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Heat Treatment Process for Stabilizing Die Cast Magnesium DASD Actuator Combs

IP.com Disclosure Number: IPCOM000102195D
Original Publication Date: 1990-Nov-01
Included in the Prior Art Database: 2005-Mar-17
Document File: 4 page(s) / 163K

Publishing Venue

IBM

Related People

Goeke, DC: AUTHOR [+4]

Abstract

An effective heat treatment process has been developed to create thermally stable die cast magnesium actuator combs for direct-access storage devices (DASD). This heat treatment process is defined as follows: 1. After casting, the die cast parts are to be heat treated at 260 degrees Celsius (500 degrees Fahrenheit) for two hours. The ramping temperature should not be more than 55 degrees Celsius (100 degrees Fahrenheit) per hour. 2. After machining, the final parts are to be heat treated at 218 degrees Celsius (425 degrees Fahrenheit) maximum for 5 hours minimum. The ramping temperature should not be more than 55 degrees Celsius (100 degrees Fahrenheit) per hour.

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Heat Treatment Process for Stabilizing Die Cast Magnesium DASD Actuator Combs

       An effective heat treatment process has been developed to
create thermally stable die cast magnesium actuator combs for
direct-access storage devices (DASD).  This heat treatment process is
defined as follows:
      1.   After casting, the die cast parts are to be heat treated
at 260 degrees Celsius (500 degrees Fahrenheit) for two hours.  The
ramping temperature should not be more than 55 degrees Celsius (100
degrees Fahrenheit) per hour.
      2.   After machining, the final parts are to be heat treated at
218 degrees Celsius (425 degrees Fahrenheit) maximum for 5 hours
minimum.  The ramping temperature should not be more than 55 degrees
Celsius (100 degrees Fahrenheit) per hour.

      The proper stress relief time/temperature can be identified by
holographic interferometry.

      The holographic interferograms shown in Fig. 1a were obtained
by first heating the actuator comb to around 45 degrees Celsius, and
then taking a hologram when the actuator comb had been air cooled to
equilibrium, say, T1 degrees Celsius.  As the temperature of the comb
assembly dropped, interference fringes between the actuator comb and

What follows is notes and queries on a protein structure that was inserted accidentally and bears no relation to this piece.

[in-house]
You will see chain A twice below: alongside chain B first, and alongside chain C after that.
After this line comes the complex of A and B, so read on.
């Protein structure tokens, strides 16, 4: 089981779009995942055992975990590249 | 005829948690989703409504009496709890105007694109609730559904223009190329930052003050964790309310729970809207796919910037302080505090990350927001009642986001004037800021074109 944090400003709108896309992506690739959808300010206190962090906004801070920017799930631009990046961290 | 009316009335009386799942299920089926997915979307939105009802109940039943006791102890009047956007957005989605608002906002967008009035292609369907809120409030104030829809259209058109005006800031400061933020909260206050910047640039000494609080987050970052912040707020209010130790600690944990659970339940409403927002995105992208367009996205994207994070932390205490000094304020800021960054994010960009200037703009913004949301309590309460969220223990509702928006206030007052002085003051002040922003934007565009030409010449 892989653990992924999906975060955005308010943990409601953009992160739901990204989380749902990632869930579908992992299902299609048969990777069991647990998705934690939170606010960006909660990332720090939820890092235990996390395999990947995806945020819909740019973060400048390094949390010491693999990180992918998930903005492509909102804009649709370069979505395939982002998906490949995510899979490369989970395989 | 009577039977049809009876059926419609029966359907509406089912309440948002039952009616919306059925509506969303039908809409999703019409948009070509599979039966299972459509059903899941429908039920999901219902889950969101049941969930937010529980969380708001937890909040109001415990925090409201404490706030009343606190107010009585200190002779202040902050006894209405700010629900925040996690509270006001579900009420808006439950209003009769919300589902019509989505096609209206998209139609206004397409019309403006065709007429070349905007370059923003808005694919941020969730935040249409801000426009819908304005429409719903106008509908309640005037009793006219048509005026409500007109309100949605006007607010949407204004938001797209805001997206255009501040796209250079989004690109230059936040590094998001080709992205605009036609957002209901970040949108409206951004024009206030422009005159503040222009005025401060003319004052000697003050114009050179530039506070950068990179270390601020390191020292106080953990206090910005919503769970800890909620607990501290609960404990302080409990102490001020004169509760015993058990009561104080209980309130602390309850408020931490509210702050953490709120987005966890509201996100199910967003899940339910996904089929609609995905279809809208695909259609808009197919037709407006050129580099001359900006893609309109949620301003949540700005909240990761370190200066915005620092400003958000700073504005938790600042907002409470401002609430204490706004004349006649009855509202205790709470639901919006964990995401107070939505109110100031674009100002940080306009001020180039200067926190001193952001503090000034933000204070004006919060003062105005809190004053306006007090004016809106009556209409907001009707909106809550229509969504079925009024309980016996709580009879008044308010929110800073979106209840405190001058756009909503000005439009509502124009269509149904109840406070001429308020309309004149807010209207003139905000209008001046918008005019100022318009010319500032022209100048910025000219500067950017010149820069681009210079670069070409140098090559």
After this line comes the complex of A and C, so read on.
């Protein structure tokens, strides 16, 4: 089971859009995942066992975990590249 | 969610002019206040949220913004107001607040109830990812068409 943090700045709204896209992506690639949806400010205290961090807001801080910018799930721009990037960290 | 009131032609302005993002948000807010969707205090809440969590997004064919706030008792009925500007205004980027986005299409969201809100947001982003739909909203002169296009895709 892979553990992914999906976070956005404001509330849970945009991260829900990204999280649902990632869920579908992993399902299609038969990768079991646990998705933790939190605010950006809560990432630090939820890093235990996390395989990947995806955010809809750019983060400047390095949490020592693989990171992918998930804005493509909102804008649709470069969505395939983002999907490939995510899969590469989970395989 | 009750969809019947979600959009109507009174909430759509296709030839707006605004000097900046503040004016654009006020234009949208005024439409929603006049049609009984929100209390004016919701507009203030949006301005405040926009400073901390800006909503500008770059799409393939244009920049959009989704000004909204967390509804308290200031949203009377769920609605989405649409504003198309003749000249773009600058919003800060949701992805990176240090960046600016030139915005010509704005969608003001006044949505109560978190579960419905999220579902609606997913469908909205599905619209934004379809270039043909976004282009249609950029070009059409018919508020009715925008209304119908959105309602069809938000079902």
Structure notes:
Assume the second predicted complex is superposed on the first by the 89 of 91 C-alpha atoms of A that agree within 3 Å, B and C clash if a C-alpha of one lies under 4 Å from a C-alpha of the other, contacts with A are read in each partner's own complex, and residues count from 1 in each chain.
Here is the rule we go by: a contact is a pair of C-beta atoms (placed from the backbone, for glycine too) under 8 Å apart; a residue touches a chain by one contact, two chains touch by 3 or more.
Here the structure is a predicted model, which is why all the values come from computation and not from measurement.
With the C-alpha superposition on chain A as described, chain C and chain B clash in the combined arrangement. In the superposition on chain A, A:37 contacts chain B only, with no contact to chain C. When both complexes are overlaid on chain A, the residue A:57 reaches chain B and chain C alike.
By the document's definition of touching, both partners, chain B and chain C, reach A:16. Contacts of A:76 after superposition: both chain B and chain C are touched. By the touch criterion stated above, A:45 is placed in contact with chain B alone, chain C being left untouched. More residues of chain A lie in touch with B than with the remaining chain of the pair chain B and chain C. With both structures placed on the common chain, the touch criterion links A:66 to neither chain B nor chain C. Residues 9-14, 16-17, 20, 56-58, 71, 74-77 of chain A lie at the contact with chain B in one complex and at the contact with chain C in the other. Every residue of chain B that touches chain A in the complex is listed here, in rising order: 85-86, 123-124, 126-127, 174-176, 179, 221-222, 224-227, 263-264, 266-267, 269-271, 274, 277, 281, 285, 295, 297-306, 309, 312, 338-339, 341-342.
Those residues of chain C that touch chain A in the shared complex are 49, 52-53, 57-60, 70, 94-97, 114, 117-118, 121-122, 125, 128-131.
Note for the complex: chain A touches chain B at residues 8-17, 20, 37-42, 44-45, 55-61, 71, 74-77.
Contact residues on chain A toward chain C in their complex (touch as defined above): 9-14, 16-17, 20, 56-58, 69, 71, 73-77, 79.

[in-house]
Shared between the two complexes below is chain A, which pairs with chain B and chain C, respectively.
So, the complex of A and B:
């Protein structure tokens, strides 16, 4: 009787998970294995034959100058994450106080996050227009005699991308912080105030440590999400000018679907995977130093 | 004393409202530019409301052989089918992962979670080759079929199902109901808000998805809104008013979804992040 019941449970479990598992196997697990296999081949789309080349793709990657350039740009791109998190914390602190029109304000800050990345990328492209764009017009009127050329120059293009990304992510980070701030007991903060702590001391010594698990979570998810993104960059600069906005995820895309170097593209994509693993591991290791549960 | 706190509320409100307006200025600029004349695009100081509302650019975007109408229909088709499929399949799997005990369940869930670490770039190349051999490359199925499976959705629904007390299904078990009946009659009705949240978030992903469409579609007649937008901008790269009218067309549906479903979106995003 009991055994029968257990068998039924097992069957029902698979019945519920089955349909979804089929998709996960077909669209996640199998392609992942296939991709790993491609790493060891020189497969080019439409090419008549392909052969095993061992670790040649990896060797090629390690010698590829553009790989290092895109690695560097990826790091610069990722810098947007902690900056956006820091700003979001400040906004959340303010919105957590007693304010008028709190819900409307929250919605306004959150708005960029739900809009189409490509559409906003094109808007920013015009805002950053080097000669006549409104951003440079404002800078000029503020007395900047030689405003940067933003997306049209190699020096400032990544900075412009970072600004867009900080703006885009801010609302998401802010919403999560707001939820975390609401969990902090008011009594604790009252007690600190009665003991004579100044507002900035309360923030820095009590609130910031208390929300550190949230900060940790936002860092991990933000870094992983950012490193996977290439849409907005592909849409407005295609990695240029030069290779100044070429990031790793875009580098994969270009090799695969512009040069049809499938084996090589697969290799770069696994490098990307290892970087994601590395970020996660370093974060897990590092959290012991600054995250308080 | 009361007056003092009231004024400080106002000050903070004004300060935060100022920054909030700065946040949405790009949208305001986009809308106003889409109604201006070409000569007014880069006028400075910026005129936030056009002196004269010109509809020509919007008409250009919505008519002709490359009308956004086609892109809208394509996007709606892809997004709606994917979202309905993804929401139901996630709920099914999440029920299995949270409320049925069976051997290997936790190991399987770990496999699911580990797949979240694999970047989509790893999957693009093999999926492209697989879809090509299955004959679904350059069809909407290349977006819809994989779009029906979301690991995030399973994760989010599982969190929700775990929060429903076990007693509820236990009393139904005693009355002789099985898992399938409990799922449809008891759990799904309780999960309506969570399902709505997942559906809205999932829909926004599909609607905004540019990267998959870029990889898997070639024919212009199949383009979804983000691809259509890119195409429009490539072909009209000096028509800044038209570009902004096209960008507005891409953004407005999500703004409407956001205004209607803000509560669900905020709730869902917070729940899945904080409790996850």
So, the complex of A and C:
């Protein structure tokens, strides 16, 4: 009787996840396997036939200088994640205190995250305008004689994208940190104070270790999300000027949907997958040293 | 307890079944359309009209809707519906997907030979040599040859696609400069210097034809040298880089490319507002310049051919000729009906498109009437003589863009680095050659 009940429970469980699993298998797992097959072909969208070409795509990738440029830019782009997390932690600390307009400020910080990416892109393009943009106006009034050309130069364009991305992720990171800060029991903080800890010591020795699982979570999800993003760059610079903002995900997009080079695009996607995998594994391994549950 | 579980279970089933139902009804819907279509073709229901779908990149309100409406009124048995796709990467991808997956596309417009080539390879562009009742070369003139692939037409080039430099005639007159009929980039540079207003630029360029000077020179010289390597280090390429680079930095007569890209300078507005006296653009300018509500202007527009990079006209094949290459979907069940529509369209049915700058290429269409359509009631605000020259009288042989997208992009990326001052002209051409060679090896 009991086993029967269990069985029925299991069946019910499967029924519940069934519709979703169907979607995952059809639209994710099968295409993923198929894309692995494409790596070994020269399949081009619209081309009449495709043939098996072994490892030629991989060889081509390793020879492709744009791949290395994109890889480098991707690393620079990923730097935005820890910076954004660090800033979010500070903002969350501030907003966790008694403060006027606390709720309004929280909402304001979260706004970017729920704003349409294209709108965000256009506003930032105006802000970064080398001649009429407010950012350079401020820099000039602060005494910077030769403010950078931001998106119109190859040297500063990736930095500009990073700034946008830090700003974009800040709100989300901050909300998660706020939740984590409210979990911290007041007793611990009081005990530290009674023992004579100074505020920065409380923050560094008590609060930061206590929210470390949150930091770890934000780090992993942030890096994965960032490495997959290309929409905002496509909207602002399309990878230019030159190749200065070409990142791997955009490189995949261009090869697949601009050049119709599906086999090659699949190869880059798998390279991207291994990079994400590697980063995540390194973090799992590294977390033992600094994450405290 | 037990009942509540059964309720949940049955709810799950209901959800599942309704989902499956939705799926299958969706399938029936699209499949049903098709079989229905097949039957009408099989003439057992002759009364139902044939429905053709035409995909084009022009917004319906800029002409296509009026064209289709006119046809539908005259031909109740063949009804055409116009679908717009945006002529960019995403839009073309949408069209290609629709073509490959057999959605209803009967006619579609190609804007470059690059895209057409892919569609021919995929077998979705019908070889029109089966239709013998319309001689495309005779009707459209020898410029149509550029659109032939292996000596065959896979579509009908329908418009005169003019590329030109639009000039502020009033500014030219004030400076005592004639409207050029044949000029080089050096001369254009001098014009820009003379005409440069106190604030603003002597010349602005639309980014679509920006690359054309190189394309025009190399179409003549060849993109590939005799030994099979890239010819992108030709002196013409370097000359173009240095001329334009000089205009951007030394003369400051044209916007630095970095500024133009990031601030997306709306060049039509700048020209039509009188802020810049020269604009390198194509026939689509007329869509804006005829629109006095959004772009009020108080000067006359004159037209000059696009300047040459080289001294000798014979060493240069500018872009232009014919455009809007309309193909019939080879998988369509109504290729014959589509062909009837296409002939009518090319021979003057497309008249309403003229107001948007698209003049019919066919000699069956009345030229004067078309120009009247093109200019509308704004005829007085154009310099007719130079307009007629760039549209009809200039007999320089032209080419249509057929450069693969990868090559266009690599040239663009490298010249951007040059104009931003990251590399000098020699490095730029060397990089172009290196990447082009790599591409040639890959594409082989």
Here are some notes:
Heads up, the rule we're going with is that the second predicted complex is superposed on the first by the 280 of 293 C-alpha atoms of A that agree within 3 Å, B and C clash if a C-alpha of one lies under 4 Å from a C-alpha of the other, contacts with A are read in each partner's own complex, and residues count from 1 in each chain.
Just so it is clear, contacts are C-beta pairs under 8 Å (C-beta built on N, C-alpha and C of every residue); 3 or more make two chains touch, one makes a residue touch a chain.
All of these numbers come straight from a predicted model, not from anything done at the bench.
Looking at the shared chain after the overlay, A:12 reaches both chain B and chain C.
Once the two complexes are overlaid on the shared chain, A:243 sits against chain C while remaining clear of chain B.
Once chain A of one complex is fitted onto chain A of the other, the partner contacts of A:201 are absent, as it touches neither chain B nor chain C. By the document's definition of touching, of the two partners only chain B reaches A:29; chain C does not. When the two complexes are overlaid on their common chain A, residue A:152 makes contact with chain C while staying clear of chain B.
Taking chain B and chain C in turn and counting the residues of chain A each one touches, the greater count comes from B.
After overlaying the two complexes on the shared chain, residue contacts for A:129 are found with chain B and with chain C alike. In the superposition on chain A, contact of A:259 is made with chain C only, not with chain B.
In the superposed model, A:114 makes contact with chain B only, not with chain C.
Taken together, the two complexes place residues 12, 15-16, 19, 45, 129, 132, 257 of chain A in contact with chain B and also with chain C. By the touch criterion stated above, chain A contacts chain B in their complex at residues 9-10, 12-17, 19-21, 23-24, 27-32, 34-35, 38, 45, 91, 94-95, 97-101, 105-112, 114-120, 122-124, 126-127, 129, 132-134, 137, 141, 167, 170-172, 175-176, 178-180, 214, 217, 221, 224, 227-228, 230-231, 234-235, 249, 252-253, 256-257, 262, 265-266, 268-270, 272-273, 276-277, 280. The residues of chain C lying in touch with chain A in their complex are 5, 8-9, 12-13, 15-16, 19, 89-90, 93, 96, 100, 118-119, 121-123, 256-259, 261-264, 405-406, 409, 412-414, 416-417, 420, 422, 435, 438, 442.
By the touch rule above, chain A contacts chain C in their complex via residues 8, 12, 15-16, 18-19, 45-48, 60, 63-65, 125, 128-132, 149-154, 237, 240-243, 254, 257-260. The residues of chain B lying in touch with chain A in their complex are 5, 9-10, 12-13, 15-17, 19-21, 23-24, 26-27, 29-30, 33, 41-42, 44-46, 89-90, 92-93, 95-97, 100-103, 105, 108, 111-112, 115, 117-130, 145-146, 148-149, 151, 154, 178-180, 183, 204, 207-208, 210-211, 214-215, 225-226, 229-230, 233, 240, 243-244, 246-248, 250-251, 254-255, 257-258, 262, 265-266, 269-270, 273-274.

the hologram gradually appeared.  A TV camera linked to a VCR and a
screen printer were used to record the interferograms.  When the
interferograms were printed, the actuator comb temperature, say, T2
degrees Celsius, was recorded.  The temperature difference represents
the difference between T2 degrees Celsius and T1 degrees Celsius
mentioned above.  The optical setup of the holographic interferometry
was aligned such that each fringe represents 316.4 nm (half
wavelength of the He-Ne laser used) out-of-plane deformation.  For a
rotary actuator each interference fringe obtained under this type of
optical setup will then represent a 316.4 nm thermal track
misregistration between any two arms.  Therefore, a thermally
well-behaved actuator comb should possess interference fringes that
are parallel along the horizontal direction, i.e., normal to the arm
direction.

      The heat treatment process originally used was to heat treat
the die cast parts at 260 degrees Celsius (500 degrees Fahrenheit)
for one hour after rough machining to relieve the casting and
machining stress.  The holographic interferograms shown in Fig. 1a
indicate that a magnesium comb having gone through this process can
exert dimensional instability since the two interferograms are of the
same comb taken at different time periods.  In other words, two
distinctive thermal deformation patterns can be obtained from the
same comb, with a minimum of 5 minutes between the two interferograms
taken:  the first hologram  was taken to the difference in
temperature equal to 4.4 degrees Celsius, and the second hologram was
taken to the difference in temperature equal to 6.0 degrees Celsius;
both were reheated to 45 degrees Celsius then air cooled...